As I was developing TILTit I focused completely on the development part, only showing the game to close friends as things progressed. I intended to start marketing the game and focus only on marketing two months before its release by setting up a steam page, contacting curators and streamers and mailing review keys to the press. However, I was to optimistic with my deadlines and ended up working on the game up until the last week before releasing the game making the marketing content lacking. In hindsight I probably should have delayed the release.
Selecting the wrong niche to work in
If you look at similar games on Steam, it is clear that falling blocks puzzle games is a niche market dominated by Tetris much like the MMO market niche is dominated by World of Warcraft. Even established franchises like Puyo Puyo Champions currently sits at 317 reviews making me believe that this particular niche is too hard to compete in as Tetris probably already is the perfect falling blocks puzzle game. As a contrast to Puyo Puyo Champions, Puyo Puyo Tetris currently sits at 2645 reviews.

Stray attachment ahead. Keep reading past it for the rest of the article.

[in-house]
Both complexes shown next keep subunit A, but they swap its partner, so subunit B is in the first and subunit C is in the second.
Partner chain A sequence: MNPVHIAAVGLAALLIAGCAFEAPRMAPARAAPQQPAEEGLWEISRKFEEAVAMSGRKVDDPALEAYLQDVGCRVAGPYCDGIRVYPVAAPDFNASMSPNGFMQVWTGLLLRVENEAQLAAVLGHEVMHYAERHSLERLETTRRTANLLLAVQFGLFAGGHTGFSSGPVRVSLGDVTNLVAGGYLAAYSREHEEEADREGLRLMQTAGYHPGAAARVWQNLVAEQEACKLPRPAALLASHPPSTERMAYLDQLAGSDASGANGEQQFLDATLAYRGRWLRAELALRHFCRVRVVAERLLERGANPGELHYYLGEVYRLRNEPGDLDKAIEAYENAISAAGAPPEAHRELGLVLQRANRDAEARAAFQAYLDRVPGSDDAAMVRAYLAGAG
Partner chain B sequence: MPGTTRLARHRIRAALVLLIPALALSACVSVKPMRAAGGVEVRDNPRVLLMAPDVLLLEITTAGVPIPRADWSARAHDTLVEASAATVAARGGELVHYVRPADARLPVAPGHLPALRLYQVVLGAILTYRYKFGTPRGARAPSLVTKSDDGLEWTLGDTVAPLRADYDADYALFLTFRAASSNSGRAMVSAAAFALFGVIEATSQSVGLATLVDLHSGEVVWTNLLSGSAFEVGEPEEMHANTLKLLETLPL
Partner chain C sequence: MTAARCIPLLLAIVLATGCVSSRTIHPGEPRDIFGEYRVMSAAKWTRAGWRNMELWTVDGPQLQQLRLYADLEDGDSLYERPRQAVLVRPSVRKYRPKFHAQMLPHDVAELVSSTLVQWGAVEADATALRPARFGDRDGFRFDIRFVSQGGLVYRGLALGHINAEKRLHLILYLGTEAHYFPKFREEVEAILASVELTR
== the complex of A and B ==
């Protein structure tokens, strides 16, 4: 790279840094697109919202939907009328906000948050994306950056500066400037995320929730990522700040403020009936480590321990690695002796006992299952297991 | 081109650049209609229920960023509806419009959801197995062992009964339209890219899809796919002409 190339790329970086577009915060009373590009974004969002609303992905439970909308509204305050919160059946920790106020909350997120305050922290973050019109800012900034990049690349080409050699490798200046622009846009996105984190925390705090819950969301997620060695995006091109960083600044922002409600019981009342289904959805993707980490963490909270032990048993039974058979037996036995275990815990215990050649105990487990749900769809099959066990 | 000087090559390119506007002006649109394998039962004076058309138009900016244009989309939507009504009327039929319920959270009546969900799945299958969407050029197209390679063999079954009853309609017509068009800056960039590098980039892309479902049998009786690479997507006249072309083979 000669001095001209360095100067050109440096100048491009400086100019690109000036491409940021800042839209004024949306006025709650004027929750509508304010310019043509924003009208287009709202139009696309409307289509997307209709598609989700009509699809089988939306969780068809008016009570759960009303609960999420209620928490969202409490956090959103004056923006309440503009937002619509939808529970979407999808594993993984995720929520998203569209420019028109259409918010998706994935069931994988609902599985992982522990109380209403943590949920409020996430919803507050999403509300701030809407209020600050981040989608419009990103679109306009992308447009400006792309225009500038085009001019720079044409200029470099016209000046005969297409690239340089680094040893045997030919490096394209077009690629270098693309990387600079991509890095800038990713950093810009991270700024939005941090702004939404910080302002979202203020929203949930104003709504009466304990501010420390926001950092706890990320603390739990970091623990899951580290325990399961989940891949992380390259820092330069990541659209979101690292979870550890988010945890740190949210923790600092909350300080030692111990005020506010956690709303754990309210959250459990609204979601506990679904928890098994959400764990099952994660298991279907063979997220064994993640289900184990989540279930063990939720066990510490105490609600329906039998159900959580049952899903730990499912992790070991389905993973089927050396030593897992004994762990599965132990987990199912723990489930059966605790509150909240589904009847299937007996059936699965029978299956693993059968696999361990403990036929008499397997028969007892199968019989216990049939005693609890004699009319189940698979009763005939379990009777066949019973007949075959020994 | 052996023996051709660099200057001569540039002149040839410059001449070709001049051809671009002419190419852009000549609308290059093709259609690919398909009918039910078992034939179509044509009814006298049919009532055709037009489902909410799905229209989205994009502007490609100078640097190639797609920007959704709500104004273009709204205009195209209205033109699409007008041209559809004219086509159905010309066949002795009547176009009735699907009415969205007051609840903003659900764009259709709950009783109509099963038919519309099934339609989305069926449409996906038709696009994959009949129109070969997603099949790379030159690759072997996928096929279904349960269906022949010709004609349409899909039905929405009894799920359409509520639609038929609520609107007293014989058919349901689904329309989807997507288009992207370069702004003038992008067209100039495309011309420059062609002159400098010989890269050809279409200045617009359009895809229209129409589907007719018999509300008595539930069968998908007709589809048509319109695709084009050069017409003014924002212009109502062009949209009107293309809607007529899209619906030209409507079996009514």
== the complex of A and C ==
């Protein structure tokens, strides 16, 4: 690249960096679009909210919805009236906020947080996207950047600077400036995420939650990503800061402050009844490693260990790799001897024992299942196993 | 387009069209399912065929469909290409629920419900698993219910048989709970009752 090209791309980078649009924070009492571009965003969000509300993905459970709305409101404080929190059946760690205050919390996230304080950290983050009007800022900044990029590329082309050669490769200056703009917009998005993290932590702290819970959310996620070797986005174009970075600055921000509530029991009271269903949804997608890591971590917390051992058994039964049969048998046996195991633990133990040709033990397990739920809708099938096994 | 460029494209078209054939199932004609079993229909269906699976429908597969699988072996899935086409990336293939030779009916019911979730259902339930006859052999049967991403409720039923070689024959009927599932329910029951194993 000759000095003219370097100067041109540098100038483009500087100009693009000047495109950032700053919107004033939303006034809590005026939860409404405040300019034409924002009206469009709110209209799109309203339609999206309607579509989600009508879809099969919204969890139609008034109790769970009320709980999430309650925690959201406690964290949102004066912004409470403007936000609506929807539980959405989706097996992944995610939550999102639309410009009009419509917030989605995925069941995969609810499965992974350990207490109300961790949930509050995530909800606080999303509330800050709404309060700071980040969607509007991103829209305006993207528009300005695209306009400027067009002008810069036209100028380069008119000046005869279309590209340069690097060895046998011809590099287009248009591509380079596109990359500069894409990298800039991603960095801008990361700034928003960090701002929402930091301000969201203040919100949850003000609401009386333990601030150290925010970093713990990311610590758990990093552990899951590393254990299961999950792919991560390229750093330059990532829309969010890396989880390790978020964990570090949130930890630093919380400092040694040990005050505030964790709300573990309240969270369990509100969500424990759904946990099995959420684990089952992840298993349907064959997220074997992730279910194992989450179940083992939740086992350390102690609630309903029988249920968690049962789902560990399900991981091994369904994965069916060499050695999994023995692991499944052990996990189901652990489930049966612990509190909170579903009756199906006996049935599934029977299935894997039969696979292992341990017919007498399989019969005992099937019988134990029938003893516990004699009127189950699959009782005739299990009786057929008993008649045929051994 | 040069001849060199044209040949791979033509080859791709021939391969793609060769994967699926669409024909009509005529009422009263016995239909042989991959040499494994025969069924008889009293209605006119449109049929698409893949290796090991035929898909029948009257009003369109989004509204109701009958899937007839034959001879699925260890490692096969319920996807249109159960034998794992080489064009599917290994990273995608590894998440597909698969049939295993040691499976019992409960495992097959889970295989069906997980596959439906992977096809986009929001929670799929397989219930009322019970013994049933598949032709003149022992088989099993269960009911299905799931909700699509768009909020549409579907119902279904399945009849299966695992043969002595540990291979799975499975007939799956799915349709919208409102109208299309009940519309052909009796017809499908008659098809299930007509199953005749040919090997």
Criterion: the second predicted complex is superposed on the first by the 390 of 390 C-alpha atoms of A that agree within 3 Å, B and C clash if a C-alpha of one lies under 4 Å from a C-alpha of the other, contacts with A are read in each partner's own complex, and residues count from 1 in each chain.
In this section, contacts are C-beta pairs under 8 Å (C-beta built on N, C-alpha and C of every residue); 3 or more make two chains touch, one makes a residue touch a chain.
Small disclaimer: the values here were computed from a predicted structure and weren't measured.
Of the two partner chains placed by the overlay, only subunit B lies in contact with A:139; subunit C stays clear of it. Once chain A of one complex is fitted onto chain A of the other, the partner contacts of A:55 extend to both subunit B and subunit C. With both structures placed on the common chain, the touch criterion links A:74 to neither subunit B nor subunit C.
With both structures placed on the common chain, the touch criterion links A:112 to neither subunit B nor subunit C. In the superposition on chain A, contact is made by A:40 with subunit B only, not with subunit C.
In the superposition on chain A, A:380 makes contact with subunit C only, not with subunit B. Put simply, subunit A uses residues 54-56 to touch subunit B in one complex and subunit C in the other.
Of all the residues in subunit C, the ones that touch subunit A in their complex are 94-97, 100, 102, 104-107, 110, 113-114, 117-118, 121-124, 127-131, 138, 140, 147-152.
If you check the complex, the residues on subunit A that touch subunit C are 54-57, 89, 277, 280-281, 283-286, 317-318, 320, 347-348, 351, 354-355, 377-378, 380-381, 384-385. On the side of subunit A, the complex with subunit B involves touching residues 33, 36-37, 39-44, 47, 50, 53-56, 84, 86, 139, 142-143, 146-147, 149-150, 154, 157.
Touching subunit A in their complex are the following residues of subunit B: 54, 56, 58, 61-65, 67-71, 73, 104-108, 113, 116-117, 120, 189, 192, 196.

When TILTit released on Steam October 18th 2019 it had 41 wishlists. Now two and a half months after its release the current wishlist count is up at 162 wishlists. TILTit sold 5 units during the release week. It has since sold 7 more units during the Winter sale. The lifetime conversion rate on wishlists is 5.4% which seems to be the average number to expect.
The lifetime traffic on the store so far is 185 546 impressions while the click rate is 12.72% at 23 607 visitors. The highest peak of visitors came on January the 5th at 3126 visitors where 3102 of those where by direct navigation, this however did not result in an increase of wishlists or any sales.
When it comes to economics TILTit is looking like a complete failure and in this I'm in no way unique. It might be that the game does not appeal to people in its niche, or is seemingly simplistic while actually being a very challenging game as it requires you to plan ahead while keeping an eye at all times on the physics driven balance keeping the player on its toes and constantly engaged. My guess however is that I completely underestimated the importance of marketing done properly, as well as failing to analyze the market niche before hand. The upside however is that I finally made a game of my own - a dream since I started tinkering with my Amiga 500 during the early 90ies.
Feel free to check out TILTit here:
Thank you for taking your time reading this postmortem.